Probably no other enthusiast group understands the relationship between sacrifice and gain better than automotive enthusiasts. Our interests cost a lot of time, effort, space, and, not to mention, money. And the rewards are largely selfish. So when it comes time to venture into some new chapter in our lives it's usually our time-sucking, exhausting, expensive, and self-centered habits taking up half the garage that wind up as a listing in the want ads.
Specifically, it was a new family that cost Dan MacDonald his beloved '57 Chevy. This sort of thing isn't unique; in fact, his parents made the same sacrifice when they started the family that begat him. But his was a sacrifice they could identify with at an even deeper level. The car they sold? Another '57 Chevy.
It's not entirely unreasonable to think that Dan's love affair with the '57 he had to sell came from his parents. When Dan was a teenager they bought another '57 to replace the one they sold years earlier. Then they bought another. And another. "Yeah, Dad was into old cars," he admits. In fact, the '57 Dan ultimately sold when his first kid came along belonged to his dad. "He had probably half a dozen cars at the time." Being a kid he couldn't resist playing with it, "…it was a typical kid's hot rod."
But 20 years on, Dan still didn't have a '57. So for his 40th birthday Dan's parents settled a two-generation score with a gift, an ultimate gift, a gift beyond its monetary value. They gave him a car, but not just any car. They gave him a black, 36,000-mile '57 Bel Air, the very car they bought to alleviate the sting from selling their first one when he came along.
The car's condition appealed to the grown-up Dan but its six-cylinder power left his inner kid wanting. "If it had a V-8, I probably would've just left it stock and enjoyed it that way," he admits. So you could sort of say he was vulnerable the morning he saw the televised auction of JF Launier's radically stylized '55 Chrysler phantom wagon, Revolution. JF Kustoms, the shop that built the Goodguys' 2008 West Coast Custom of the Year and a Don Ridler Memorial Award finalist (and later winner) was practically in his backyard. "That got the wheels turning," Dan says.
"He brought it in for a V-8 and disc brakes," JF recalls. "The intent was to build an everyday driver, maybe build a 383 or something. (JF) was just finishing a '55 when I saw the 572 stuff sitting there. So that was one decision. And I also always wanted an Art Morrison chassis because those handle phenomenally," Dan adds. "Before you know it that pristine, black, low-mile car was blown into a million bits," JF concludes. "Oh man, it was something else," he says, chuckling.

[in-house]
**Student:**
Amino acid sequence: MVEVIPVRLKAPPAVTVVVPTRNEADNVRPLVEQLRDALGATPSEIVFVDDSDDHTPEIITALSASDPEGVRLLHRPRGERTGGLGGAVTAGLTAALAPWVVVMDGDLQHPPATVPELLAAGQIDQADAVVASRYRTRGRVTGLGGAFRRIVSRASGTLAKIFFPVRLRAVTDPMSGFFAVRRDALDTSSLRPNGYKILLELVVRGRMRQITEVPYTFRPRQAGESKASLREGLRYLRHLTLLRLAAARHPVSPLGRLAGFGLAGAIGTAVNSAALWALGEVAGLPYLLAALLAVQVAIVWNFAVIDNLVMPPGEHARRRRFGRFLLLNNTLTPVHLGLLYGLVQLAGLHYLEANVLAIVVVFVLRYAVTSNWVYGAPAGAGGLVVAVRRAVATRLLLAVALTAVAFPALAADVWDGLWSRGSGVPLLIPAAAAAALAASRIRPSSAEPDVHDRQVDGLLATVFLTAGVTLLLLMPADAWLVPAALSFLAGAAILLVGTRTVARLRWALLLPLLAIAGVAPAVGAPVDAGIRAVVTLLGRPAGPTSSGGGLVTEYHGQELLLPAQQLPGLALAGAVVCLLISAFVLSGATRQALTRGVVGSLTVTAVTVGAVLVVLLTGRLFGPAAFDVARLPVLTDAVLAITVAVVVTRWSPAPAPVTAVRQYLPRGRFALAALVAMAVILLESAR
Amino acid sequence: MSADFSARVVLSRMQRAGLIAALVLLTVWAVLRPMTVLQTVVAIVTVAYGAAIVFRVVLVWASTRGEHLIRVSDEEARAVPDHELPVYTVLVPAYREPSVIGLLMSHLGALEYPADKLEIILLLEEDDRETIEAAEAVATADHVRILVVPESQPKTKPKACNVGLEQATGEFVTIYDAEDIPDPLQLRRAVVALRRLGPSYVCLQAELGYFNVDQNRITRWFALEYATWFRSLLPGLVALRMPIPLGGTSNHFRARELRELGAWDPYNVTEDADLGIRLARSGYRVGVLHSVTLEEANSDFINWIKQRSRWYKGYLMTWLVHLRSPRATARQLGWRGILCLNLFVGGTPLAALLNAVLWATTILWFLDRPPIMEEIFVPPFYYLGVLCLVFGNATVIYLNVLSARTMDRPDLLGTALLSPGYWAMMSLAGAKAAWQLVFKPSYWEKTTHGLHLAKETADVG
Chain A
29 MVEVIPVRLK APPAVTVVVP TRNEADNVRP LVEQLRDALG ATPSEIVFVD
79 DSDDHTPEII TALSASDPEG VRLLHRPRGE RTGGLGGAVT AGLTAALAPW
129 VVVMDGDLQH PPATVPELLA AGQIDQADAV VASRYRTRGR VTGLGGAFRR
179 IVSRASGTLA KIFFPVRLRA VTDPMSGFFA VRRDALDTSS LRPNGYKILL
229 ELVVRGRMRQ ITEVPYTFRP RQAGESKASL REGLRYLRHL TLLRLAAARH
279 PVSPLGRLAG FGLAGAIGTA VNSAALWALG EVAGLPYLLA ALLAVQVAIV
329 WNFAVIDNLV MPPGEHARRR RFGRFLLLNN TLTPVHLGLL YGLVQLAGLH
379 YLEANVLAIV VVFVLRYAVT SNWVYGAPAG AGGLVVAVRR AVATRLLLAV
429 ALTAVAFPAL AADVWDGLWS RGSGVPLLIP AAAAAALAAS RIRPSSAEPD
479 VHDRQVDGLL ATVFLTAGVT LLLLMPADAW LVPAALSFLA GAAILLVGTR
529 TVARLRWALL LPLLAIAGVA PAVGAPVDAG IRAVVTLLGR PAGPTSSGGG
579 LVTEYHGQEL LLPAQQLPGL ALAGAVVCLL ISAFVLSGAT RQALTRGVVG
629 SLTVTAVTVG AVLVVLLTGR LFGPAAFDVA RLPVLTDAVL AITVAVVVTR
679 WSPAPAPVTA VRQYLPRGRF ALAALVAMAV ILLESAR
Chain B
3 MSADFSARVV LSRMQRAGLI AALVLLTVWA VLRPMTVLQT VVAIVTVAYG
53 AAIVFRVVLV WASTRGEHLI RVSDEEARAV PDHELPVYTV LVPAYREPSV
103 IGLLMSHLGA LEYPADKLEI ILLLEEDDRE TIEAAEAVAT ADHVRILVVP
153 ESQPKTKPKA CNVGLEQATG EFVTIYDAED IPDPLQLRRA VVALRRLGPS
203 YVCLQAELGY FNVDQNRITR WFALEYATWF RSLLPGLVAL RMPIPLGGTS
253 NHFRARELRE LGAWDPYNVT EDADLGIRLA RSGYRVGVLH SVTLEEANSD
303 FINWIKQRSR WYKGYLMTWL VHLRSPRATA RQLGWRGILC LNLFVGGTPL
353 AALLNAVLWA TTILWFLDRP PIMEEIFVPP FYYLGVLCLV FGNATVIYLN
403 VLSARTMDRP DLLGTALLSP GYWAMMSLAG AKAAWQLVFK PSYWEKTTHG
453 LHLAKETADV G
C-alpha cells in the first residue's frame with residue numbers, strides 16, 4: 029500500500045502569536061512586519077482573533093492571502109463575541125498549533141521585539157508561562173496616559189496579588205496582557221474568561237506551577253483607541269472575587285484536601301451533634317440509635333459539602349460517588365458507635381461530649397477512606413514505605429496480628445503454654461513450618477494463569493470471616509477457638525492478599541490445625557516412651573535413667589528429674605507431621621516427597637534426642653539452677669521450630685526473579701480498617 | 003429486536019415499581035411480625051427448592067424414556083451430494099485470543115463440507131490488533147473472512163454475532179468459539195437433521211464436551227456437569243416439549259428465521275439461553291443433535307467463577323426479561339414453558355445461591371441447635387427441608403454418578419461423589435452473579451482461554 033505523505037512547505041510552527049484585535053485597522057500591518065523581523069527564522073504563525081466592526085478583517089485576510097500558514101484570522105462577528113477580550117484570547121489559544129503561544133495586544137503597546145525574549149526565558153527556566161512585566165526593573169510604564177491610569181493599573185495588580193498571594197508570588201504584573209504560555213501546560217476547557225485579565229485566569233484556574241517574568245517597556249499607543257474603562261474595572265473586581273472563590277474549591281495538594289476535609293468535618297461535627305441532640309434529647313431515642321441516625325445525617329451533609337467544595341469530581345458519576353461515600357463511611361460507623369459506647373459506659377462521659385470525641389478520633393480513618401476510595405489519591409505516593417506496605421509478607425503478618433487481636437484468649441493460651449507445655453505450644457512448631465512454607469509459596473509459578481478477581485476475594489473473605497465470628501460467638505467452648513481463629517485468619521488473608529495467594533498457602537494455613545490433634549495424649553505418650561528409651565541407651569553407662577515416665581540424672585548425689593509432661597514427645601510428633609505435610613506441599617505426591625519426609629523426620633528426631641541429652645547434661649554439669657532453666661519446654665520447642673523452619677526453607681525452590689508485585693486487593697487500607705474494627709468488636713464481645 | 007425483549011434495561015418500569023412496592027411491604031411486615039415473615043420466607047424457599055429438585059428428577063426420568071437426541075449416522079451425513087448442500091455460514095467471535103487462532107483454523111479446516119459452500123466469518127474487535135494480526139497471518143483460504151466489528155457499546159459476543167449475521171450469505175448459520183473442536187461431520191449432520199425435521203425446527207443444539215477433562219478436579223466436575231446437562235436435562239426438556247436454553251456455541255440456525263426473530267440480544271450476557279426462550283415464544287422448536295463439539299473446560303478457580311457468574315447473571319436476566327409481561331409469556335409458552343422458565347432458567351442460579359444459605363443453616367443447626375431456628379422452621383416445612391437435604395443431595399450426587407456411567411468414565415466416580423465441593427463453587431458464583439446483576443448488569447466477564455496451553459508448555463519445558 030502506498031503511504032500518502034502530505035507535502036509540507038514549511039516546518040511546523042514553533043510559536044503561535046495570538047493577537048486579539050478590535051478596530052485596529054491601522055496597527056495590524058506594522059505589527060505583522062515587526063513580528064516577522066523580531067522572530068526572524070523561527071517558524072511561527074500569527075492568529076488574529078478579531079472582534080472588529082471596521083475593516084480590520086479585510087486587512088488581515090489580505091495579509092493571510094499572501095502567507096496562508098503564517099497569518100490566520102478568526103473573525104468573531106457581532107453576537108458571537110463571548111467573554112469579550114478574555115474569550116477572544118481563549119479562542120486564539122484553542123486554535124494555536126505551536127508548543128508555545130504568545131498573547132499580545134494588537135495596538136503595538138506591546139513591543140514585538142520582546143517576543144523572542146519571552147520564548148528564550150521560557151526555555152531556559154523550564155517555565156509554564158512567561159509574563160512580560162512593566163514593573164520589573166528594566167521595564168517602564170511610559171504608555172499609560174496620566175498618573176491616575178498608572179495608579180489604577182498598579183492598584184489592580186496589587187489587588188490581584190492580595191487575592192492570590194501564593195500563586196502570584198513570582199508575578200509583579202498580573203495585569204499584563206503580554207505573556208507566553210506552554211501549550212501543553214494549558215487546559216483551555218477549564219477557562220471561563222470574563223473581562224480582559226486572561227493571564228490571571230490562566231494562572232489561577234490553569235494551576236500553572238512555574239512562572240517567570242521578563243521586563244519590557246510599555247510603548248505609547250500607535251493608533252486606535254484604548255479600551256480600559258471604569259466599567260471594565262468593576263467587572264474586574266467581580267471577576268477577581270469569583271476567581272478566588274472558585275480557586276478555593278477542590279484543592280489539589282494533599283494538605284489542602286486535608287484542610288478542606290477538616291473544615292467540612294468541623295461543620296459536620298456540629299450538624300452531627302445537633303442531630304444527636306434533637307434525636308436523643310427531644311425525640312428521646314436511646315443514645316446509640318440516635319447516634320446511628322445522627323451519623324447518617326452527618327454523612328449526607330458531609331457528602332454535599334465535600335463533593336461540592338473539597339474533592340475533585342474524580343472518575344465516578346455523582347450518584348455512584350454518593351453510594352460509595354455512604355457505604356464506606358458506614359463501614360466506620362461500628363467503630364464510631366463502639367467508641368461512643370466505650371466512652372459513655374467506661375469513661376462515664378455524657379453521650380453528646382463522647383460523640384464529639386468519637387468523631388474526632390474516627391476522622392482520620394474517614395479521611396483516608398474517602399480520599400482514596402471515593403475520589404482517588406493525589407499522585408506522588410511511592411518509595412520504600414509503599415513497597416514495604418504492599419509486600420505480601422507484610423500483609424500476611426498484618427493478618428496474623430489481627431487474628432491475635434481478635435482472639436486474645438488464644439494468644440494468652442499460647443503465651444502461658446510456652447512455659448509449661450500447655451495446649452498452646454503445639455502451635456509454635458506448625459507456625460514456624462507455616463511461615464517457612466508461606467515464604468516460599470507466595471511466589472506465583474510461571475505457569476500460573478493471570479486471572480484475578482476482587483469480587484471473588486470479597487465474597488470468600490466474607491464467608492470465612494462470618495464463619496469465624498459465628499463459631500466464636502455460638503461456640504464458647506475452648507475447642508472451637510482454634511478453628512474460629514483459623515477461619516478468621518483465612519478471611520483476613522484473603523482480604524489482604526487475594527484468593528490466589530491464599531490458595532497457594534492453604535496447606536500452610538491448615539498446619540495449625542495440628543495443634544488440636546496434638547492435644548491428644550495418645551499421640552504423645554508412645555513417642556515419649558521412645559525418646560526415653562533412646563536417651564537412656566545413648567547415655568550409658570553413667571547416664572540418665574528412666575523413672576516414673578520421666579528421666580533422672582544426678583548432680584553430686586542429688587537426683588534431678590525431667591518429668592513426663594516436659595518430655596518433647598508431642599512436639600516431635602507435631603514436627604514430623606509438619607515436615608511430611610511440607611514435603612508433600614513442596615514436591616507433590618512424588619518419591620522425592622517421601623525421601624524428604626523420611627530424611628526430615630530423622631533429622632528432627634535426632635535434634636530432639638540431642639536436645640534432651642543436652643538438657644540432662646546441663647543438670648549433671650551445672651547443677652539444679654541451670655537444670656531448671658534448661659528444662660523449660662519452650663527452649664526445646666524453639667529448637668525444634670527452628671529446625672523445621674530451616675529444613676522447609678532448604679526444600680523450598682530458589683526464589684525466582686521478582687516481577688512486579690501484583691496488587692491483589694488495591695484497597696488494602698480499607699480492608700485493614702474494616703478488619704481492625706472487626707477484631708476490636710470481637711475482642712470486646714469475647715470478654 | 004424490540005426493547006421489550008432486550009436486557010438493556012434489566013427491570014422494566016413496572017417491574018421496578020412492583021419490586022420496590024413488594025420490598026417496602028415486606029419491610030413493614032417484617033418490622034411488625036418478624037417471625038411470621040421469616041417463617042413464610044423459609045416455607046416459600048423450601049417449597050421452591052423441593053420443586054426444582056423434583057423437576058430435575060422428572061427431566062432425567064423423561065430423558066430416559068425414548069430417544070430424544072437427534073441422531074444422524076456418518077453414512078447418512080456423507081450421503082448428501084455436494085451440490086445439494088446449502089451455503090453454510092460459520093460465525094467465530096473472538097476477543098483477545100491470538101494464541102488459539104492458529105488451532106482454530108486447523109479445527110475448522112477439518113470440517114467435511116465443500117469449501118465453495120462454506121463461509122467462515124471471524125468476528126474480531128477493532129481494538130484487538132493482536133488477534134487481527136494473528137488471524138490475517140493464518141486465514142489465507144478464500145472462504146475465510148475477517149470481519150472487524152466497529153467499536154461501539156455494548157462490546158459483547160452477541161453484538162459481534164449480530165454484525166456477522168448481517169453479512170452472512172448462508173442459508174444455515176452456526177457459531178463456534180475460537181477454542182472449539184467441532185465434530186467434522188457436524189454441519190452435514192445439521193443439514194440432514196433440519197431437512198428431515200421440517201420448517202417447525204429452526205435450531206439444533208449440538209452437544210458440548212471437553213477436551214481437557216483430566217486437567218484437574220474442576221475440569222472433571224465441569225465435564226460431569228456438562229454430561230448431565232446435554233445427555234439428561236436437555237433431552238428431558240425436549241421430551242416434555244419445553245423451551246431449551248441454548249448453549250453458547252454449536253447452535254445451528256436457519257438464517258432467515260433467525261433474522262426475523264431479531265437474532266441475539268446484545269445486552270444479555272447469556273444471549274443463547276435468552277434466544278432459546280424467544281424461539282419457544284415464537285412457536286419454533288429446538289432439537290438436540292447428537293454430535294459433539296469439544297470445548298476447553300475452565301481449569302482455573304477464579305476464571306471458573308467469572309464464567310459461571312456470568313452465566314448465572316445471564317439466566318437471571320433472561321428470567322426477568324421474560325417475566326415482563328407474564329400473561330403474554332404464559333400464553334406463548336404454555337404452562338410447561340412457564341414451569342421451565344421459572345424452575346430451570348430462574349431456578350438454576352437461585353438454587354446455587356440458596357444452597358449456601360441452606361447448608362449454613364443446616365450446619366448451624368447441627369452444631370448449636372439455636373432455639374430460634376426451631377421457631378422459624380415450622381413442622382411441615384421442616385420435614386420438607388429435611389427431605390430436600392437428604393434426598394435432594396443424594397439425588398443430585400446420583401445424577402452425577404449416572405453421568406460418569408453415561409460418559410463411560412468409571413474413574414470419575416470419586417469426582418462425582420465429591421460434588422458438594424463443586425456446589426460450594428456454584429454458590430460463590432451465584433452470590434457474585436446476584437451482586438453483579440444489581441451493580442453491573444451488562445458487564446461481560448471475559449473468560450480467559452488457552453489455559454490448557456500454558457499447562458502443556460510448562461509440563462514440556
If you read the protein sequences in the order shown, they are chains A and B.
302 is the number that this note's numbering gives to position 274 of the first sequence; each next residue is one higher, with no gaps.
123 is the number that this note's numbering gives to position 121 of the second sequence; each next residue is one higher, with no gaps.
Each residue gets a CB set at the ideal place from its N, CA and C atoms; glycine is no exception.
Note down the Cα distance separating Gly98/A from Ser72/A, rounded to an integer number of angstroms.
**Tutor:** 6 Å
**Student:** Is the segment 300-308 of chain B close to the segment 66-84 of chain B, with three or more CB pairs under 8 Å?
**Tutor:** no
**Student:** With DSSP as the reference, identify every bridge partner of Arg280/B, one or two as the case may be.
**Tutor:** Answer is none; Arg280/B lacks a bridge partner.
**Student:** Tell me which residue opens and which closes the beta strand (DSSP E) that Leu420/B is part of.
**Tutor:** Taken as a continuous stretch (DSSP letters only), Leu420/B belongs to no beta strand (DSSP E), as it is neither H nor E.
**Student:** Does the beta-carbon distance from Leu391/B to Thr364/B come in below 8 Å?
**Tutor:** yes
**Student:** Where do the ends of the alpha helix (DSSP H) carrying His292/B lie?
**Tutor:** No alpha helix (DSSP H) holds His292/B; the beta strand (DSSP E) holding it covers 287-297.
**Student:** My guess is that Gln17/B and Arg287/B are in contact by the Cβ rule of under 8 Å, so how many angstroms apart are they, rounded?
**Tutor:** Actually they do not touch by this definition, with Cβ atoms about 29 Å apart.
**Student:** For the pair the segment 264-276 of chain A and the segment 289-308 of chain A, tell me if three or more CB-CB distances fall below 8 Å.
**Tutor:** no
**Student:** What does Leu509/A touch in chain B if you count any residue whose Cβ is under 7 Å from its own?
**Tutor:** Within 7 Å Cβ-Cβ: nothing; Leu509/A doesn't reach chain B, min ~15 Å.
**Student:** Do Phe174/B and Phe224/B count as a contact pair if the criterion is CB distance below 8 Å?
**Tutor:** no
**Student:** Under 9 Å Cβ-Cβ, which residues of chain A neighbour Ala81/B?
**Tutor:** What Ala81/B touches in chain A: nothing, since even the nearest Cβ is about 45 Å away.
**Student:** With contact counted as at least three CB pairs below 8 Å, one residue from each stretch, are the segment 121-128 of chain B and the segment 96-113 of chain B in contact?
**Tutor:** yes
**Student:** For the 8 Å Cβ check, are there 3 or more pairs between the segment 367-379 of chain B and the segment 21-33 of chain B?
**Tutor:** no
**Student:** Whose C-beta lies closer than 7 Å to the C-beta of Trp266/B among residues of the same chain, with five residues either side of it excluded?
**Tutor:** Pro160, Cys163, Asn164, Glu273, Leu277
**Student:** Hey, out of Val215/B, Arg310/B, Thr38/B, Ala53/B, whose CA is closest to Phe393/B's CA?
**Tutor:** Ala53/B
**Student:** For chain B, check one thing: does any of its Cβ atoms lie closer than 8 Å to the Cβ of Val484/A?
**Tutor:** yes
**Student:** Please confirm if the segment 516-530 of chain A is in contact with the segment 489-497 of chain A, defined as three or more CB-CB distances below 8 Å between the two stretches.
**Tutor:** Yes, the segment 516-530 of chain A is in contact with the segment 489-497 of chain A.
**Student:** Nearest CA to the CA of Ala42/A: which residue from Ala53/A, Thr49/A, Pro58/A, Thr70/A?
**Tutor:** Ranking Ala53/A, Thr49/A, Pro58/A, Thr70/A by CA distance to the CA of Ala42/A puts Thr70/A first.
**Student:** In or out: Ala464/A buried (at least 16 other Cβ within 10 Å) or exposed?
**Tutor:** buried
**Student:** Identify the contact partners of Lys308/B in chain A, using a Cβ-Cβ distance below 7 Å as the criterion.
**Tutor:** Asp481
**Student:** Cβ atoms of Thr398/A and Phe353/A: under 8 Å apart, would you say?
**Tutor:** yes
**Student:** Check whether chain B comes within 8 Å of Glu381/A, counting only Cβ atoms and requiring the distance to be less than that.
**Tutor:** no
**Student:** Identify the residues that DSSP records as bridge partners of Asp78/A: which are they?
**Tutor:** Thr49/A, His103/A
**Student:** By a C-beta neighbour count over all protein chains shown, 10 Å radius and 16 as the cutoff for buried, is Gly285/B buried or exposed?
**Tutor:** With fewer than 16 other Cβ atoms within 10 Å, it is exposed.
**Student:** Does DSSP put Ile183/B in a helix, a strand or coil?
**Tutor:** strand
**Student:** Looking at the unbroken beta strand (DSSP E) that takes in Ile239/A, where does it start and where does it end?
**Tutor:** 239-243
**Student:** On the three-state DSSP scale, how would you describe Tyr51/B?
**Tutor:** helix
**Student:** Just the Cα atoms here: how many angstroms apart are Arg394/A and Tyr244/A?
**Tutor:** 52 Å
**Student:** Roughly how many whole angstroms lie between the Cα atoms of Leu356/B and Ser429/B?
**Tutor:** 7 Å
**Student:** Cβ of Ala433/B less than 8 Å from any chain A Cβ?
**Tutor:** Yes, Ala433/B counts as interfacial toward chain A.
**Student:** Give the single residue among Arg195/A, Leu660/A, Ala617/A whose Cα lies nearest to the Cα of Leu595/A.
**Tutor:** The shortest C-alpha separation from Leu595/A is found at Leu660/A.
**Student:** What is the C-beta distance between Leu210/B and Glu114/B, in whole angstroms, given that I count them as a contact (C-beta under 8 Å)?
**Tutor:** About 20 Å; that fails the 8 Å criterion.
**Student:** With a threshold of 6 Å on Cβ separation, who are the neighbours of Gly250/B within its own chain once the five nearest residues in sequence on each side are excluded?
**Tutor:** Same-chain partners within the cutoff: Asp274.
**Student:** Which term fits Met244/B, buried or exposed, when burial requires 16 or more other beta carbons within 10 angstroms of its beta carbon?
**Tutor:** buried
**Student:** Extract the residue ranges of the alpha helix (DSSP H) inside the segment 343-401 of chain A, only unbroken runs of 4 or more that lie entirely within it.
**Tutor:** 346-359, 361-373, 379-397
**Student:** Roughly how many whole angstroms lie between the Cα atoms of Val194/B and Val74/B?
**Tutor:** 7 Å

We car people may be familiar with sacrifice for the sake of gain but we have the feeling Dan MacDonald's Bel Air isn't going anywhere soon. The second generation to have loved and lost, he's probably not going to let go very easily.
Motor & Drivetrain
Though 283 was the number on enthusiasts' lips in 1957, it wasn't enough for Dan MacDonald. The Chevrolet Performance 572 crate that took its place more than doubles its capacity and at 620 horsepower it nearly triples the power of the Super Turbo-Fire, the company's hottest four-barrel-fed mill that year. A 4150-style 850-cfm Holley feeds this one. JF Kustoms grafted a pair of Curtis Speed '57 Chevy-style billet hood spears to a Technostalgia Cadillac/Oldsmobile air-filter housing. Art Morrison Enterprises formed the 1 3/4-inch headers specifically to fit in its frames and clear all steering components. Its ball ends feed 3-inch pipes. "We went with Flowmaster's 50-series mufflers to try to make it quieter, but boy is it still loud." The pipes pass a Bowler Performance Transmissions 4L80E on their way back. One of the company's stand-alone modules controls shift points based upon the Lokar shifter's selection and the pedal's position. The engine sports one of Vintage Air's FrontRunner accessory drive systems. A Be Cool Extreme Tri-Five radiator, condenser, and fan kit regulate the engine and the climate control system's vitals.